In the USA it is possible to buy so-called ”past-life discovery cards” with different pictures of people from foreign countries, cities, things og landscapes. The patient is asked to select a picture which in some way affects him and then focus his mind on this picture (the method bears a faint resemblance to C. G. Jung´s technique of active imagination). Then the therapist suggests the patient to go back to the time and place associated with the picture and usually a vivid inner drama takes place. The picture gives ”body” to emotions otherwise difficult to express, and the psychic energy associated with it gets an discharged.
One of my own patients experienced in hypnosis that somebody threw her out of a ship and she started making swimming movements with her arms for several minutes until she ”died” in the water. She exhibited the full range of behaviors occurring in the most dramatic abreactions.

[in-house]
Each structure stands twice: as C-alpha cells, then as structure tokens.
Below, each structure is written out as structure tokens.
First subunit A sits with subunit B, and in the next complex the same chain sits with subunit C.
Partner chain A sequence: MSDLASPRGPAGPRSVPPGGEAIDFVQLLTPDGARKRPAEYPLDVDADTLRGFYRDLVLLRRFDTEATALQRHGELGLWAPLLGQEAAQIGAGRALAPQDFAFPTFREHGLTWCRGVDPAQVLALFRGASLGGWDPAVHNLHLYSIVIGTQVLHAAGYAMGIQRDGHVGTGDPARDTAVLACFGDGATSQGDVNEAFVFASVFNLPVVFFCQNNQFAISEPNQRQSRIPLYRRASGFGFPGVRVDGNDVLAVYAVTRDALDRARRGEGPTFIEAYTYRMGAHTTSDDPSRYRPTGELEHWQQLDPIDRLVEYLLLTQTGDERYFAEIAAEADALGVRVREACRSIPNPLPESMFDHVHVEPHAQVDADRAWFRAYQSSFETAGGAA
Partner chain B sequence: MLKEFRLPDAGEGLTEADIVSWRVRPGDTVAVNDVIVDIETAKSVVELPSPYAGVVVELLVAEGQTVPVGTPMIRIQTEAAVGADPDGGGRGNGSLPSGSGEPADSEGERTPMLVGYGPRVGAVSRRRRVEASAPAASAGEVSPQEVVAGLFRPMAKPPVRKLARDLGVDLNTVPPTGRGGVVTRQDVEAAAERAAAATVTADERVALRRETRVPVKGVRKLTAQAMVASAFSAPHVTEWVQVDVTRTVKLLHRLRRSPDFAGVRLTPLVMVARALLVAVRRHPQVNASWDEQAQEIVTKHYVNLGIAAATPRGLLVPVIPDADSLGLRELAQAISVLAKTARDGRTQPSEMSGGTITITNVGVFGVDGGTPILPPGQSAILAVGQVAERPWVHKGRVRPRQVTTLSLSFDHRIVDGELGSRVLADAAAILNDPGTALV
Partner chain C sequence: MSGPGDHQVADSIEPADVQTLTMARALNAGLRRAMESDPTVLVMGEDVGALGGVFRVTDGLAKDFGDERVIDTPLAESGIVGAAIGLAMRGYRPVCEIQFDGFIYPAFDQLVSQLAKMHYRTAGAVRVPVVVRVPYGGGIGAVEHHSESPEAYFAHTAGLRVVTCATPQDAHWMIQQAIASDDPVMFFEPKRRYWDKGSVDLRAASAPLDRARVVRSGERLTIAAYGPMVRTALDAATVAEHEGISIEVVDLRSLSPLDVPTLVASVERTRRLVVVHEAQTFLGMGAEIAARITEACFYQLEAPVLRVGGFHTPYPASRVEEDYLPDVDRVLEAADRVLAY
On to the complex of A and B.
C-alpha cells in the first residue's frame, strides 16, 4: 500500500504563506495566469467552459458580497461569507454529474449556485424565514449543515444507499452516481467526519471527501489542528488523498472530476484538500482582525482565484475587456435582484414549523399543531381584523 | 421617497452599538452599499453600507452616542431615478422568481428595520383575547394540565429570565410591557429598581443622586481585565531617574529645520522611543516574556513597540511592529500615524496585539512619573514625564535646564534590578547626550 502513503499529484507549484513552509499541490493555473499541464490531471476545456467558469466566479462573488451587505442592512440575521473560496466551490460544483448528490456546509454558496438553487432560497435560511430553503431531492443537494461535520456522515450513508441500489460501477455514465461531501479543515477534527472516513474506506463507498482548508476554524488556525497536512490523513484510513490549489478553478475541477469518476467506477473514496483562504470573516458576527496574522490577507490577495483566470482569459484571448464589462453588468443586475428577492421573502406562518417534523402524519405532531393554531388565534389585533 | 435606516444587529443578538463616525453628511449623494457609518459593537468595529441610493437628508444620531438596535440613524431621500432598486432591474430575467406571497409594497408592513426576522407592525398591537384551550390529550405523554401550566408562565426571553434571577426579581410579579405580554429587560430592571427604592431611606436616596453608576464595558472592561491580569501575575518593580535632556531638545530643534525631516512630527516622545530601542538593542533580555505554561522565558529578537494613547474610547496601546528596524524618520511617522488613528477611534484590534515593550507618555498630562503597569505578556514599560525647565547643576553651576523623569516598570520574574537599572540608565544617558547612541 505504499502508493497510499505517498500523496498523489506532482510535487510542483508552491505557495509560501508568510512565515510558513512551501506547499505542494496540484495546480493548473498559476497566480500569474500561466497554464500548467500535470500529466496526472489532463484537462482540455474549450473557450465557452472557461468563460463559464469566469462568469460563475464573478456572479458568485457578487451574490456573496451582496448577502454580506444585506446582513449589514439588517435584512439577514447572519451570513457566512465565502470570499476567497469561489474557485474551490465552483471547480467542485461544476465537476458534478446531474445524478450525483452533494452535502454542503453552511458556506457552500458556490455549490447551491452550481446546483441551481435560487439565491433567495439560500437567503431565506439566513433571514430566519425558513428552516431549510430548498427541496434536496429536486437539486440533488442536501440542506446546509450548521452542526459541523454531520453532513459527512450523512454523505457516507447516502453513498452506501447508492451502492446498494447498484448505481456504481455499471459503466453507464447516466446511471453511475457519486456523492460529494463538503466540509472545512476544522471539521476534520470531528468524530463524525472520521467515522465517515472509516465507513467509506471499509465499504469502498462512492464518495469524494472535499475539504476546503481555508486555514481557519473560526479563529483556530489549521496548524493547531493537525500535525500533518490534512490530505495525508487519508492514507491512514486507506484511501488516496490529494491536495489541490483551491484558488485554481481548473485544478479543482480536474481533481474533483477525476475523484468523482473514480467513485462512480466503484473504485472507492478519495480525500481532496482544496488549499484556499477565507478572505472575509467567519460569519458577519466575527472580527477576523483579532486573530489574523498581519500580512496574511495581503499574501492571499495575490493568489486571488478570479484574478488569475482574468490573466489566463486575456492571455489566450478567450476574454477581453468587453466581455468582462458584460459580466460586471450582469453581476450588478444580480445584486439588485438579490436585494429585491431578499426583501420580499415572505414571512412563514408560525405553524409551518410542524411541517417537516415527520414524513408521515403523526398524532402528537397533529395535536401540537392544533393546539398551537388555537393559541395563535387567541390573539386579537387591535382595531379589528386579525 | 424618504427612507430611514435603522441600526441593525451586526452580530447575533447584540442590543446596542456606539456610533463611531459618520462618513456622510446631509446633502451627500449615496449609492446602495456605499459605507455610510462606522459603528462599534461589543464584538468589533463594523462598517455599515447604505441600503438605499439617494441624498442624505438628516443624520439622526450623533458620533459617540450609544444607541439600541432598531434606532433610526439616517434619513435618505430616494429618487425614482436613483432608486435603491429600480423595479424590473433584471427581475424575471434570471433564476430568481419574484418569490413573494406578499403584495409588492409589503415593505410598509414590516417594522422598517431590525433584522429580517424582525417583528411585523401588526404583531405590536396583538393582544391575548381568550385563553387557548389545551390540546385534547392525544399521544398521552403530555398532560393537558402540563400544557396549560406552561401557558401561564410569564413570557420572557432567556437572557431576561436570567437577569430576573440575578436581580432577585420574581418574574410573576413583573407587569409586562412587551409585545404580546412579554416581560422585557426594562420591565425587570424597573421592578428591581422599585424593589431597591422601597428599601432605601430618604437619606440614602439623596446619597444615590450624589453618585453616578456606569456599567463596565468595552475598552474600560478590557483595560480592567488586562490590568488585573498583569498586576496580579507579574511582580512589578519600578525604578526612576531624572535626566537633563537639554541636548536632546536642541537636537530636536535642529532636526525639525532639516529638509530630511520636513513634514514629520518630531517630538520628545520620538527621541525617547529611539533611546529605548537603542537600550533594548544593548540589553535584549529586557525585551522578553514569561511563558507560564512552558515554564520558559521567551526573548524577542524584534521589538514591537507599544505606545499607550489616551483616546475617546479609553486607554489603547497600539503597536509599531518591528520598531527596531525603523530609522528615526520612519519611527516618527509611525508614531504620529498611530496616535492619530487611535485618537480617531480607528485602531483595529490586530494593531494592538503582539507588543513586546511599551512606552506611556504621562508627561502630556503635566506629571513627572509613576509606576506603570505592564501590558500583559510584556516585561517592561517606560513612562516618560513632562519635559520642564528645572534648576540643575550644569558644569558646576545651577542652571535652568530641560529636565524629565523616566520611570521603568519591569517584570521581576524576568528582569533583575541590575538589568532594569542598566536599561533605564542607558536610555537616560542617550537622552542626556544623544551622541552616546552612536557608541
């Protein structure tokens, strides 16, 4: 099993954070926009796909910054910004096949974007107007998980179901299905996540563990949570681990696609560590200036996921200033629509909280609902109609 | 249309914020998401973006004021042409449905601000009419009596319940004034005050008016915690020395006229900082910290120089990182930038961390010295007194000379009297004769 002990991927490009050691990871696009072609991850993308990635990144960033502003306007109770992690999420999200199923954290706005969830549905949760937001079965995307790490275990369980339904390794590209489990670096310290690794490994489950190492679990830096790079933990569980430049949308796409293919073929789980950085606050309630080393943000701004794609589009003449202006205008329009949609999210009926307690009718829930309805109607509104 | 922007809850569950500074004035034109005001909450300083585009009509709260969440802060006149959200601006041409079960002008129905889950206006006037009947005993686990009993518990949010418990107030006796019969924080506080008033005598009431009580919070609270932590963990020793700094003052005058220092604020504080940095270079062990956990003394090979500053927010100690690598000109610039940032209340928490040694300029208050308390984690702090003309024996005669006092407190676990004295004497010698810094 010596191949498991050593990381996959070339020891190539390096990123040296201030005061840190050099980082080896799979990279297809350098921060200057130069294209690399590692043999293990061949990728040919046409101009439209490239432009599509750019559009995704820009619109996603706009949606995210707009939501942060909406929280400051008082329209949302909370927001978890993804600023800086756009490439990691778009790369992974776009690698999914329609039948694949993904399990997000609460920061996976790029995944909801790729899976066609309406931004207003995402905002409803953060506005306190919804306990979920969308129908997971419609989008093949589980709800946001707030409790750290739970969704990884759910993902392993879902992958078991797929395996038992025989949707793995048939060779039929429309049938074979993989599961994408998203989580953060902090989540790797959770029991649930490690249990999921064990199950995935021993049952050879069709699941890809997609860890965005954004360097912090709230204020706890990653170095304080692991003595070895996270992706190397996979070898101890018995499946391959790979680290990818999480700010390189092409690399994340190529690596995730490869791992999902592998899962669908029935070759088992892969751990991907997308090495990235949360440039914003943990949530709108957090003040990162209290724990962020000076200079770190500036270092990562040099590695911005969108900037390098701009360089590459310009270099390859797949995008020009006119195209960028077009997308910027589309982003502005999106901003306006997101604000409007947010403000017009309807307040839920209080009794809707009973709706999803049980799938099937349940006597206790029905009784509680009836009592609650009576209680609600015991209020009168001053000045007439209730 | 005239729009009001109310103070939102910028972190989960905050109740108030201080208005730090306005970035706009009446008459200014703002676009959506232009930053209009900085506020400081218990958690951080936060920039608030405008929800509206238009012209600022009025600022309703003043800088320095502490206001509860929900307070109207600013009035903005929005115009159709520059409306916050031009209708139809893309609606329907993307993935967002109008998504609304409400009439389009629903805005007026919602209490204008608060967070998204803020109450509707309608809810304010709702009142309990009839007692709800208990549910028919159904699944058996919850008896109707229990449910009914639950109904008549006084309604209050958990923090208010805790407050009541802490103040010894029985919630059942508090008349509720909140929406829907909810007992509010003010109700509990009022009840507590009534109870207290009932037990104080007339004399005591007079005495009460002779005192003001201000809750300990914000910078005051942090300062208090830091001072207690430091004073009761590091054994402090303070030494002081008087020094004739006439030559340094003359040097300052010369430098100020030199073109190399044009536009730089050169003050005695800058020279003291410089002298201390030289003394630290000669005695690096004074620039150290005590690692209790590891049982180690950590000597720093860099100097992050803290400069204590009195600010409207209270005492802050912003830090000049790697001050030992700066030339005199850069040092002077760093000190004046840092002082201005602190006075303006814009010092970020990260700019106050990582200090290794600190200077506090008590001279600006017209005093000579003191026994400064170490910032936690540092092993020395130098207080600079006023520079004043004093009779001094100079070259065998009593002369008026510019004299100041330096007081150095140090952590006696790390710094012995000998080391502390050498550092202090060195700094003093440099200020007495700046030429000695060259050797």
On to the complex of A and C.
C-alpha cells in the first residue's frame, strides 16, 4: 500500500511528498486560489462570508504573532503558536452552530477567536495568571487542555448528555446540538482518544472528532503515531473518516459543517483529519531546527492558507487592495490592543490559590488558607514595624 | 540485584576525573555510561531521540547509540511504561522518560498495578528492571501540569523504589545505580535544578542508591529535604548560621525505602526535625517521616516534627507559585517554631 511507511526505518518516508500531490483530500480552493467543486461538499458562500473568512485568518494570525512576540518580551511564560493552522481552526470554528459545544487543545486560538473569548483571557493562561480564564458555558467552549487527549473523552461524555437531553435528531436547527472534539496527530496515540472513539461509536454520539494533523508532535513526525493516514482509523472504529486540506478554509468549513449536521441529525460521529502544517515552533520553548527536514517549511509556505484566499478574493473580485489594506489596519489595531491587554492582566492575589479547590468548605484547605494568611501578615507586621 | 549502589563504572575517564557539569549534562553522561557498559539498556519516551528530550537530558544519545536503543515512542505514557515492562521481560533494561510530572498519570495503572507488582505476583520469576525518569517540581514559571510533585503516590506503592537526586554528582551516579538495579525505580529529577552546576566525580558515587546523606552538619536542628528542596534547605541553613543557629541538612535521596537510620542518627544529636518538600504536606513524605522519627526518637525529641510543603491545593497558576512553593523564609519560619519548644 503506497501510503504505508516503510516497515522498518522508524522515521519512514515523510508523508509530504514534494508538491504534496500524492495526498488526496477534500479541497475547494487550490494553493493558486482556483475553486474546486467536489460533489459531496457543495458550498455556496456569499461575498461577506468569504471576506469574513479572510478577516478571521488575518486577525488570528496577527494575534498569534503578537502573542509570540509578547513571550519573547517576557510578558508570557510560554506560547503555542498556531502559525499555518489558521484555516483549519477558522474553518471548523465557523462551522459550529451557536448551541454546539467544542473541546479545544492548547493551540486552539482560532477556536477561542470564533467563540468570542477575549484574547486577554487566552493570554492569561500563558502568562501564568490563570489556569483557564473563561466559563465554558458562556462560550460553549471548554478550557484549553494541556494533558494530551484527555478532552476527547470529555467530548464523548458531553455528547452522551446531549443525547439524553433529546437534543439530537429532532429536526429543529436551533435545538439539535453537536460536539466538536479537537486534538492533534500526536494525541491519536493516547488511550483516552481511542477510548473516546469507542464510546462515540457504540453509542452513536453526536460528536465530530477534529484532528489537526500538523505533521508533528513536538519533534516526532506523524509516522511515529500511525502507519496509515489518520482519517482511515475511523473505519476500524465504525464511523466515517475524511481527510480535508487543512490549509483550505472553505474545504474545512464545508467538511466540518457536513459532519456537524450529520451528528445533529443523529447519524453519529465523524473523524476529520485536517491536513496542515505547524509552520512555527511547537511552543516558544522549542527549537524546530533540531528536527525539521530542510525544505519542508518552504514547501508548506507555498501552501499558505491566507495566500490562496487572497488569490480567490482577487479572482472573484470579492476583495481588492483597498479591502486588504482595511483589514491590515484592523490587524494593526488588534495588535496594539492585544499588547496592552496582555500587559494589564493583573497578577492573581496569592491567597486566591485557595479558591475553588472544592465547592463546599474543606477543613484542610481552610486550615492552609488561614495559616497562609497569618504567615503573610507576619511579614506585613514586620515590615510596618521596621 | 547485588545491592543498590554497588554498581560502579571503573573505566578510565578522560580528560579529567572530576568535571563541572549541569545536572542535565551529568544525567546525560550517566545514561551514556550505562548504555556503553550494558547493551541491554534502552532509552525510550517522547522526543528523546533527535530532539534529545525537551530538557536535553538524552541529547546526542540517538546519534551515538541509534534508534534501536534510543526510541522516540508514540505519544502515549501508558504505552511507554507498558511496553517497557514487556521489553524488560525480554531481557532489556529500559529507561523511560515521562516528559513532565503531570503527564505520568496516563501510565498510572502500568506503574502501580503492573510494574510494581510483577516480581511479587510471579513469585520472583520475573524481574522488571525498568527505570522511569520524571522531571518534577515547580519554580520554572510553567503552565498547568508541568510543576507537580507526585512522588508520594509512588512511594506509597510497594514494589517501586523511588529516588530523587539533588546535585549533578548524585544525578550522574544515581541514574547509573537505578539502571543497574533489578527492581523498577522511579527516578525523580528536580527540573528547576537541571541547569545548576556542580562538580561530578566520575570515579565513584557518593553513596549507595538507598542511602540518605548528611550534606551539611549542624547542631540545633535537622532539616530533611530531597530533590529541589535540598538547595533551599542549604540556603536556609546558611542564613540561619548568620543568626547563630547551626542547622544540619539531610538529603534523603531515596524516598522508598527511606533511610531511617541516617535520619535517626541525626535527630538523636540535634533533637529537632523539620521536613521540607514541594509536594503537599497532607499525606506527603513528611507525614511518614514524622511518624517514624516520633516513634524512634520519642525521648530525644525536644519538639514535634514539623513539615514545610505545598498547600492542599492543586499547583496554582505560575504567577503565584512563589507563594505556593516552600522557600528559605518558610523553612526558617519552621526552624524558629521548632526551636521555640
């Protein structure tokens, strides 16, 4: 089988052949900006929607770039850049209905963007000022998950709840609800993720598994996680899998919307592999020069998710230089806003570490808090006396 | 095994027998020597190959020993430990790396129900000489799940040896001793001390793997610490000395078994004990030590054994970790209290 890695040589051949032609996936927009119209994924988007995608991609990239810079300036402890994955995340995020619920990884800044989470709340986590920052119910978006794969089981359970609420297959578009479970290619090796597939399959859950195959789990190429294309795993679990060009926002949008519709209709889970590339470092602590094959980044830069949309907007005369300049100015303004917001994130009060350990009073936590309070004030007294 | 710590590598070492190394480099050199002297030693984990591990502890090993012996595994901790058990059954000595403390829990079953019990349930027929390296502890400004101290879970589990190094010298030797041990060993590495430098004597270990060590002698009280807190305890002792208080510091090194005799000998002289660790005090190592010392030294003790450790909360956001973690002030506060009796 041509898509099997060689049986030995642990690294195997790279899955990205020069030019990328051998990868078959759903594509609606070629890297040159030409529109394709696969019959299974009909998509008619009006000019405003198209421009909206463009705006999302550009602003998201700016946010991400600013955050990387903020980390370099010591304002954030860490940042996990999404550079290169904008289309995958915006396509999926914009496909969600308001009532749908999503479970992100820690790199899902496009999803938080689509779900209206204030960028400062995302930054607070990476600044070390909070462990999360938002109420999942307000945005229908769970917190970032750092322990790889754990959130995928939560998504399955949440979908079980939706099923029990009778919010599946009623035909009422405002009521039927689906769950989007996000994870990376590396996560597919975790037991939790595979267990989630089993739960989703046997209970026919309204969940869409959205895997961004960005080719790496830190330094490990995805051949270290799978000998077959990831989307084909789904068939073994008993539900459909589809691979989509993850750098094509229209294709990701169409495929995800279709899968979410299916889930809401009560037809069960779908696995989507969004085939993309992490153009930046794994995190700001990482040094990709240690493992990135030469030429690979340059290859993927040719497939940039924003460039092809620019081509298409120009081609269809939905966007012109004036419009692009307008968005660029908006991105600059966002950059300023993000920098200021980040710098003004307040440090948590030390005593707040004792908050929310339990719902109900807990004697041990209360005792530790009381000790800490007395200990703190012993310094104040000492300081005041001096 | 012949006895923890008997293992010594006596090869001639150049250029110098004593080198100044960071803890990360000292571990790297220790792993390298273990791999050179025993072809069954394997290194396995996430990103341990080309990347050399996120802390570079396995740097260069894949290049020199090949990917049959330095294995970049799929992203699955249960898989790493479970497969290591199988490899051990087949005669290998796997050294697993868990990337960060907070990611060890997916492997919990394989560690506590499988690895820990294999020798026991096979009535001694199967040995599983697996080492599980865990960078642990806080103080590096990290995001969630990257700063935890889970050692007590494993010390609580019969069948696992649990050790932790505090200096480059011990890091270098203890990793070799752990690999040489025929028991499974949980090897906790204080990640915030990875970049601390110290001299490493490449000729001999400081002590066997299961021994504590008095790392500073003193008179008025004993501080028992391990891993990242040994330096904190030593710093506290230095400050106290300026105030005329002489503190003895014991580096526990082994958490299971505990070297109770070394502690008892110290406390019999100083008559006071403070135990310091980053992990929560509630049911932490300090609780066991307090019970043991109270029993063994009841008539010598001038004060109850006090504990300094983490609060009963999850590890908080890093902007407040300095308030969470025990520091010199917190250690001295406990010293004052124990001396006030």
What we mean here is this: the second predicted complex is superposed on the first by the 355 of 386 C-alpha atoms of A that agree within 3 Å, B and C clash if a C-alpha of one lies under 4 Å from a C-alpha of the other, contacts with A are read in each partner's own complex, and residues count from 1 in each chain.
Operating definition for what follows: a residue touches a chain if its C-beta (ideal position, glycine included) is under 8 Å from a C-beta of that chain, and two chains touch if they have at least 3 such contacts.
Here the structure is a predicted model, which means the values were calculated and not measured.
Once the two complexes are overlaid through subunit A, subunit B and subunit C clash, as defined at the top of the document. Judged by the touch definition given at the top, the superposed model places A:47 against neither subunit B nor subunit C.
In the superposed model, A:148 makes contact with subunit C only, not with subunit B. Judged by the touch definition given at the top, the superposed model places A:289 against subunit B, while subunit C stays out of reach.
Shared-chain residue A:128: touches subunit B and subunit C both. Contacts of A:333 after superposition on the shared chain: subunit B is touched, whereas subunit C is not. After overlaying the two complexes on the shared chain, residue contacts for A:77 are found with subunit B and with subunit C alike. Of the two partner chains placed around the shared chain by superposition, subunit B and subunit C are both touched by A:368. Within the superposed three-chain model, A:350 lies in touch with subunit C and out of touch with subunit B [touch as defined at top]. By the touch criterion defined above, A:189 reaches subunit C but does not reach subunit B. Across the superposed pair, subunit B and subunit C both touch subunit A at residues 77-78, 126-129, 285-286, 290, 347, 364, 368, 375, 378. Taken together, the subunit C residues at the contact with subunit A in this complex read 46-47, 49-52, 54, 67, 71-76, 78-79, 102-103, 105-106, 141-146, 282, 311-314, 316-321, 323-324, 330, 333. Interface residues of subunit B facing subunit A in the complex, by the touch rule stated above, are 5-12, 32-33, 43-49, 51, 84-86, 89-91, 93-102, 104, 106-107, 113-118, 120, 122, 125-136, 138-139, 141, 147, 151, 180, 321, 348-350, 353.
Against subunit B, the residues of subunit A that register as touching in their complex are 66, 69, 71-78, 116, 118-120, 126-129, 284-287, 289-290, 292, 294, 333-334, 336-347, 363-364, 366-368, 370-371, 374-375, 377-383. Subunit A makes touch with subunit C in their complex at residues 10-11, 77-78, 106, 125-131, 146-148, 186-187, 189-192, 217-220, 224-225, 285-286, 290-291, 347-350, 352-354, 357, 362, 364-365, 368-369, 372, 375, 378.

How shall we as therapists relate to such experiences? I personally think that it is important to respect the patient´s faith. If the therapist for example tries to convince a patient who strongly believes in reincarnation that his experience in hypnosis is only a fantasy then there is a great risk of violating the trust between the patient and the therapist. Ask instead whether the experience can have some relations to his present life. On the other hand, if the therapist himself believes in reincarnation, it is of course crucial that he remain as neutral as possible and not tries to ascribe his own opinion to the patient. Spanos (1987) was able to show that if subjects prehypnotically were informed that it is not uncommen for people to have been of different sexes or to have lived in exotic cultures in past lives, then this information significantly influenced the contents of their story.